Urban Meyer believes the media should adjust their role
Urban Meyer made some refreshing comments today on the College Football Playbook with Jack Arute and Mike Leach.
Meyer doesn’t like the amount of negative attention the media and television networks are bringing towards college football.
Meyer said, “I think it’s the responsibility also of networks to balance it off a little bit. Maybe it’s not quite as sexy, but it’s the right thing to do.”
“Andrew Luck, that’s the poster child right now for college football. He’s the one I want my son talking about.”
“Are you kidding me? That guy (Andrew Luck) turned down the #1 overall projected pick because of architectural design. He wants to get a degree. And you tell me that’s not one of the greatest stories in college football in the last decade?”
“To say it’s all bad, I don’t think that’s fair.”
“It’s seems like they’re the ones (the leaders) not getting the recognition. It’s all the guys that make mistakes that get the air time.”
Surprisingly, Mike Leach disagreed to an extent with Meyer’s thought process, citing there’s just not new storylines yet to cover with guys like Andrew Luck.
Leach said, “I think the media is willing to cover stories like Andrew Luck, for right or wrong, I just think they’ve moved on until there’s so new material.”
Leach added, “I think everybody is waiting for new material. There’s going to be new heroes. I honestly don’t think we have the obsession with negativity (that everyone thinks).”
There is merit to Leach’s point, but all in all, there is too much negativity from the media these days.
Would you really care if you didn’t hear another word about Terrelle Pryor?
In fact, part of the thing we enjoy doing so much at FootballScoop is staying away from news regarding NCAA investigations, violations, hot seat speculation, DUI’s, and arrests.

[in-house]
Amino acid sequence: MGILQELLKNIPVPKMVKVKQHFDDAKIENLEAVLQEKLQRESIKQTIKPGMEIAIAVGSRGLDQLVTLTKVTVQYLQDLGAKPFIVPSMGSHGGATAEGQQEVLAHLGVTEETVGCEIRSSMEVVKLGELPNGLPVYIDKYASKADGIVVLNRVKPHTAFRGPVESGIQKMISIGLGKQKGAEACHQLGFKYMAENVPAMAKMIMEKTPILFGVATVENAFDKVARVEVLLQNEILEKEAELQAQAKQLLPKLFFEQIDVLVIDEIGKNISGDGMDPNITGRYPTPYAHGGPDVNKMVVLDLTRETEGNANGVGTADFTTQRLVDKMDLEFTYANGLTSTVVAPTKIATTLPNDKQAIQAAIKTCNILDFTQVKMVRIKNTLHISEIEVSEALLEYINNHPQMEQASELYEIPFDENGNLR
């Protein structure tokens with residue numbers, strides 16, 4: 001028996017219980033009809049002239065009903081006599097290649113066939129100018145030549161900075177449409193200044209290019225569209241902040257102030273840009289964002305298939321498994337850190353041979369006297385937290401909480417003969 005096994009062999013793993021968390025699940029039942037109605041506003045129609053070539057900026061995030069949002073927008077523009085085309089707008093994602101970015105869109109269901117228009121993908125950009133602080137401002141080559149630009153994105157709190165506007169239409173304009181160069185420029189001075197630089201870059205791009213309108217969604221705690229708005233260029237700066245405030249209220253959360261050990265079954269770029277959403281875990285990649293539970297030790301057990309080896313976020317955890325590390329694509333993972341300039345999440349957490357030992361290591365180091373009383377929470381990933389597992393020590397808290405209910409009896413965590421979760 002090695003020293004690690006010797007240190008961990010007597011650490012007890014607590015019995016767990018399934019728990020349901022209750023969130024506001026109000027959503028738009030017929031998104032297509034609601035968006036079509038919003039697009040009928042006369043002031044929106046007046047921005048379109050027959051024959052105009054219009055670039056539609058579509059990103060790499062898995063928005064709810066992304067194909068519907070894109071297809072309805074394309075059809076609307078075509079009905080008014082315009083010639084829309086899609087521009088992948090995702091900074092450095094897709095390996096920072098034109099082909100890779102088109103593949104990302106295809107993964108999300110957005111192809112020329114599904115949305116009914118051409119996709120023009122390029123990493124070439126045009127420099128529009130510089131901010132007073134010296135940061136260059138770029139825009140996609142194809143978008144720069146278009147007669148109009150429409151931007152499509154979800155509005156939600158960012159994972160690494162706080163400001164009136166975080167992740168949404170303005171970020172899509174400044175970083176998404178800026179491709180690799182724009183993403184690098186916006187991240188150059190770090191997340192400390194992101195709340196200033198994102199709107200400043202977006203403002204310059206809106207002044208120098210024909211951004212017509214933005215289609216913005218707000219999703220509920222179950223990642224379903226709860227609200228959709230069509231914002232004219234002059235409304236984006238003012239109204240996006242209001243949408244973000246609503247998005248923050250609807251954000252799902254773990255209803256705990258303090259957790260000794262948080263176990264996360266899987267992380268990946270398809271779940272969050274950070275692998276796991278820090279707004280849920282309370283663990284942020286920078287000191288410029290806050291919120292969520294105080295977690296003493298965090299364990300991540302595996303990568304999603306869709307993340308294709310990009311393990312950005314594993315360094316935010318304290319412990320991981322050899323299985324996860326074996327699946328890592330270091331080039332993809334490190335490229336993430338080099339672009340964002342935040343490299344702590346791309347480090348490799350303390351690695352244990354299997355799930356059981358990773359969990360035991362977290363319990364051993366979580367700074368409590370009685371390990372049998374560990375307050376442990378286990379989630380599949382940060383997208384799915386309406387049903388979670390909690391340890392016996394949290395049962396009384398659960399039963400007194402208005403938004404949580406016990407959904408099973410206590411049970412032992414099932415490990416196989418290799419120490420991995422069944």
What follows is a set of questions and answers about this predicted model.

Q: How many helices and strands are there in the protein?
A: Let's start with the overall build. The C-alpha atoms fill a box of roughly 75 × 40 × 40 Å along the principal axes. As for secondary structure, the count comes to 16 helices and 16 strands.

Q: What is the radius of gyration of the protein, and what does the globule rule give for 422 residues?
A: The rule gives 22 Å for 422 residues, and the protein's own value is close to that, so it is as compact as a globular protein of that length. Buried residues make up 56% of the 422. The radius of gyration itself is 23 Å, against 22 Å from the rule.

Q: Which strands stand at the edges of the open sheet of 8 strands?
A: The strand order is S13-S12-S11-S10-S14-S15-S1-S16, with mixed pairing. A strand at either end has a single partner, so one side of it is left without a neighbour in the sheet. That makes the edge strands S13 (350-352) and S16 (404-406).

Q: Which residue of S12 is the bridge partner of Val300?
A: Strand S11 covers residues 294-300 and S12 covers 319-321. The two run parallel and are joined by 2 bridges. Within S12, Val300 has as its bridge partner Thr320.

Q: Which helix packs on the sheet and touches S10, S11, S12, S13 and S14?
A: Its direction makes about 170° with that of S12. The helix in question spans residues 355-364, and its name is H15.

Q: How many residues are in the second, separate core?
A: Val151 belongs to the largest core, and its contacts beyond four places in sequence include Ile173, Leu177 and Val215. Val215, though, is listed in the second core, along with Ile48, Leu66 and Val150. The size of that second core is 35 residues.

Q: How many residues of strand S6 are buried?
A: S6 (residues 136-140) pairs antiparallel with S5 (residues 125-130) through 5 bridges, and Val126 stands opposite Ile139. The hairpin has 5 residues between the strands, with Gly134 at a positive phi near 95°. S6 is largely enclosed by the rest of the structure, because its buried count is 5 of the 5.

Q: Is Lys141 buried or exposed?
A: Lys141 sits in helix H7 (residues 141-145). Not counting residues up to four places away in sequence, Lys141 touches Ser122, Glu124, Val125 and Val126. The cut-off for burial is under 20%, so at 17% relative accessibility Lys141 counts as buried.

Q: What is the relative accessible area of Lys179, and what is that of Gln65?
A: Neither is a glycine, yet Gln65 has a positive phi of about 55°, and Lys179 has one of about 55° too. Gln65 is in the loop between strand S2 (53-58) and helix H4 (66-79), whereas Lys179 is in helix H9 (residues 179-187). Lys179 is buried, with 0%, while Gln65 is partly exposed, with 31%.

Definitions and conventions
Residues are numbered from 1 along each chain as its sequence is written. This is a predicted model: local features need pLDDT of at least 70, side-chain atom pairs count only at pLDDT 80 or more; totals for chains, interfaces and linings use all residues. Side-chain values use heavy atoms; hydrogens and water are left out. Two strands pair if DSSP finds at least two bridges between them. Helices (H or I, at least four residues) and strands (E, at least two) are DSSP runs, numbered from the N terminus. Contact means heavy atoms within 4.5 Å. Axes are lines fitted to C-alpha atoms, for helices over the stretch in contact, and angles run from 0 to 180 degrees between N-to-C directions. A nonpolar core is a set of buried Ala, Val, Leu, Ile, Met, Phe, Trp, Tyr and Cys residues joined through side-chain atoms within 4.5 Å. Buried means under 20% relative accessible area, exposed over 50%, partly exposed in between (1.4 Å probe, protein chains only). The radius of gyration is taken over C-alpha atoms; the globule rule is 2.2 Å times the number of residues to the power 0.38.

We’d like to think that it’s part of the reason that coaches visit our site as frequently as you do.
For the first time as a head coach, David Cutcliffe gets...
Unlike most head coaches at the BCS level, David Cutcliffe has never had the luxury of benefitting from a finished indoor practice facility.
While serving as the head coach at Ole Miss, the Rebels opened an $18 million dollar state-of-the-art indoor facility during the fall of 2004, but by the middle of December, Cutcliffe was dismissed as the head coach of the Rebels.
Duke, however, will soon open its brand new multi-purpose fieldhouse that will house a 120-yard playing surface for the football program.
Cutcliffe and his coaching staff, several of which were on his staff at Ole Miss, will finally have the opportunity to showcase one of the most critical features for a D1 program. (See Lou Holtz’ comments from Tuesday night)
Cutcliffe is entering his fourth year as the head coach of the Blue Devils. He has compiled a 12-24 record, winning two more games than the program had won in the previous eight seasons before he arrived.
Here’s Coach Cutcliffe talking about what’s ahead for the Duke coaches and program:
Median salary for head coaches is nearly $1.4 million
In 2010, the total revenue generated by twenty-two D1 athletic departments outweighed their total expenditures.
The total revenue comes in a variety of ways including media rights contracts, ticket sales, and donations. In 2009, only fourteen athletic departments reported making money.
The median total generated revenue for D1 athletic departments was $48,298,000. The median total expenses were $46,688,000.
Oregon’s total revenue for 2009-10 was $122,394,483. Their total expenses were $77,856,232. Therefore, the Ducks made $41,853,109.